Sunni extremists claim Pakistan attack on Shi'ites

2015-10-24 19:01
Pakistani Shi'ite Muslim devotees take part in an Ashura procession to commemorate the martyrdom of Imam Hussain, the grandson of Prophet Muhammad, in Rawalpindi. The death toll from a suspected suicide blast which targeted Shi'ite Muslims in the sou

Pakistani Shi'ite Muslim devotees take part in an Ashura procession to commemorate the martyrdom of Imam Hussain, the grandson of Prophet Muhammad, in Rawalpindi. The death toll from a suspected suicide blast which targeted Shi'ite Muslims in the sou

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Karachi - The Sunni extremist group Lashkar-e-Jhangvi (LeJ) has claimed responsibility for a suspected suicide bombing which left 24 dead in a southern Pakistani province, a minister from the region said on Saturday.

Suhail Anwer Siyal, home minister for Sindh province, said the banned group had admitted being behind the attack in the city of Jacobabad, which took place on Friday outside the residence of a local Shiite leader ahead of a religious procession.

"According to initial information I have got, Lashkar-e-Jhangvi has claimed the responsibility of the blast," Siyal told local media in Karachi.

He added that the fingerprints of the suspected suicide bombers were now being analysed as police and counter-terrorism teams begin work.

LeJ are known to have been behind numerous bloody attacks on minority Shi'ite Muslims, who make up around 20% of Pakistan's 200 million population.

In July, LeJ's leader Malik Ishaq was shot dead along with 13 other militants, including senior commanders, in Punjab, but the group remains active, according to experts.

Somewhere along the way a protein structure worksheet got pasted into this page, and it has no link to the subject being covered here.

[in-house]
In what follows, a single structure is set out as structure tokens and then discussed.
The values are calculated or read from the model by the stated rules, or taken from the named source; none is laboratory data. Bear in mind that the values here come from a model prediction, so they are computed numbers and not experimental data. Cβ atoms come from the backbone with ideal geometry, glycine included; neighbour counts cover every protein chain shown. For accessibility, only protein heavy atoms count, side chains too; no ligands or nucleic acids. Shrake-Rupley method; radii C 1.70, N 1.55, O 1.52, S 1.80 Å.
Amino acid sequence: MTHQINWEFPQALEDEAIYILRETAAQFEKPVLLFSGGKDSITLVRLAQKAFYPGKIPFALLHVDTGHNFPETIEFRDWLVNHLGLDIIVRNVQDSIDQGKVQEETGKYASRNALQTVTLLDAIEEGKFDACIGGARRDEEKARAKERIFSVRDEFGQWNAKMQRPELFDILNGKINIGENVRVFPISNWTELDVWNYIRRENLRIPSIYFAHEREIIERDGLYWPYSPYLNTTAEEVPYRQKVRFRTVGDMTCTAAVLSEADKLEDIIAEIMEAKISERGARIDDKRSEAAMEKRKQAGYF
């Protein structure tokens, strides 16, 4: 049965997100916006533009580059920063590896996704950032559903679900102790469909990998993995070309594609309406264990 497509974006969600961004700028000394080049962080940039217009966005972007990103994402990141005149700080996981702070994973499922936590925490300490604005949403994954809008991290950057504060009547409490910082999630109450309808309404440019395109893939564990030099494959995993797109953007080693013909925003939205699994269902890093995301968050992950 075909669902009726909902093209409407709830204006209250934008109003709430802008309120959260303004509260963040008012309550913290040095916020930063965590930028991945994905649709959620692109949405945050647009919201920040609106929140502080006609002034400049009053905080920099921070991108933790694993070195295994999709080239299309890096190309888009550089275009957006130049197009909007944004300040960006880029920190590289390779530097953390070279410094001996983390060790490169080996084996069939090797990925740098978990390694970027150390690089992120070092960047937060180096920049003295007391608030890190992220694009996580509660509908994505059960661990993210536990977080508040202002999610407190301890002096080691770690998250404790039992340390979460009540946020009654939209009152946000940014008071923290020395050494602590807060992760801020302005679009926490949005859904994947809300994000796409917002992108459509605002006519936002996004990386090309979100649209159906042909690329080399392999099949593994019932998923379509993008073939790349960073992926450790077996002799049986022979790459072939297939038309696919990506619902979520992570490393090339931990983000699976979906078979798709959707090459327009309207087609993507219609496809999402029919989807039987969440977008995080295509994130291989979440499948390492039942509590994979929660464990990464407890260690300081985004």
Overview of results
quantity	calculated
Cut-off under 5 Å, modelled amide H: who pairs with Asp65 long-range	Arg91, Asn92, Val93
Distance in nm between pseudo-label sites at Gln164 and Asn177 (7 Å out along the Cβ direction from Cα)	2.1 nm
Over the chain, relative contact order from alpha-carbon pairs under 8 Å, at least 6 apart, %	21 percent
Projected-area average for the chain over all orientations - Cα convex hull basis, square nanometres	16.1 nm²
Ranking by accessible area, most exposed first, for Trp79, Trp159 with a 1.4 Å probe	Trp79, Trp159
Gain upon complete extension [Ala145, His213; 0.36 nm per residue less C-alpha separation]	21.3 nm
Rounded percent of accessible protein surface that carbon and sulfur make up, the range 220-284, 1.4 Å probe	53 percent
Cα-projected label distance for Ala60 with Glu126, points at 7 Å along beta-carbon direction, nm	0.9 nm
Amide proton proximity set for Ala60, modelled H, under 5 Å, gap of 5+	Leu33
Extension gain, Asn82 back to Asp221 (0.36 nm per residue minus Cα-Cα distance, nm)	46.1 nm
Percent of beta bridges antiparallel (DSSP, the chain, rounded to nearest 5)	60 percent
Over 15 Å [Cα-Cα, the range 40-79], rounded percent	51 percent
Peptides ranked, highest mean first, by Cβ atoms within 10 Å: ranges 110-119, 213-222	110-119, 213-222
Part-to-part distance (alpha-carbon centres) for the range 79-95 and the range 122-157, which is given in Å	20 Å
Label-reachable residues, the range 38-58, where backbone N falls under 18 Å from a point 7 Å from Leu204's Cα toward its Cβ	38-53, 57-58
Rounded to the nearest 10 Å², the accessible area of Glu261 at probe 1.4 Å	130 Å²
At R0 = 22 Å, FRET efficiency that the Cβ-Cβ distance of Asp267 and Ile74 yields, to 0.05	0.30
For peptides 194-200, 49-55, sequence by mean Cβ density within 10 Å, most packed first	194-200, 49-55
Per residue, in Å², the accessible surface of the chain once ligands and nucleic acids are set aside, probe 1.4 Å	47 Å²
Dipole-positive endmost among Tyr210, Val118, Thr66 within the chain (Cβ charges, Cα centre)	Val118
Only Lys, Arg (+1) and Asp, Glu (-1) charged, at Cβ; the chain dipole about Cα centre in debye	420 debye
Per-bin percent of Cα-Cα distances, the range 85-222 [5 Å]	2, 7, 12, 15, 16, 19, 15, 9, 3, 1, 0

Sindh's minister for health Jam Mehtab Dahar told AFP the death toll from the Jacobabad blast had risen to 24 from 16 on Saturday, as more wounded people succumbed to their injuries.

Regional police chief Sain Rakhio Mirani said that at least six of the victims were children.

Pakistan is on high alert and has deployed some 10 000 troops and 6 000 paramilitary members to prevent sectarian violence during the mourning days of Ashura in the holy month of Moharram, a tense period in previous years.

Moharram, which began last week, sees Shiites hold processions and gatherings to mourn the martyrdom of the Prophet Mohammed's grandson Imam Hussain at the Battle of Karbala in Iraq in 680 AD.

Hussain is equally revered by Sunnis, but hardliners oppose the public mourning of his martyrdom.

Earlier this year, another brutal attack killed 45 Shi'ites in Karachi. Sectarian violence has claimed thousands of lives in Pakistan over the past decade.

Read more on:    pakistan

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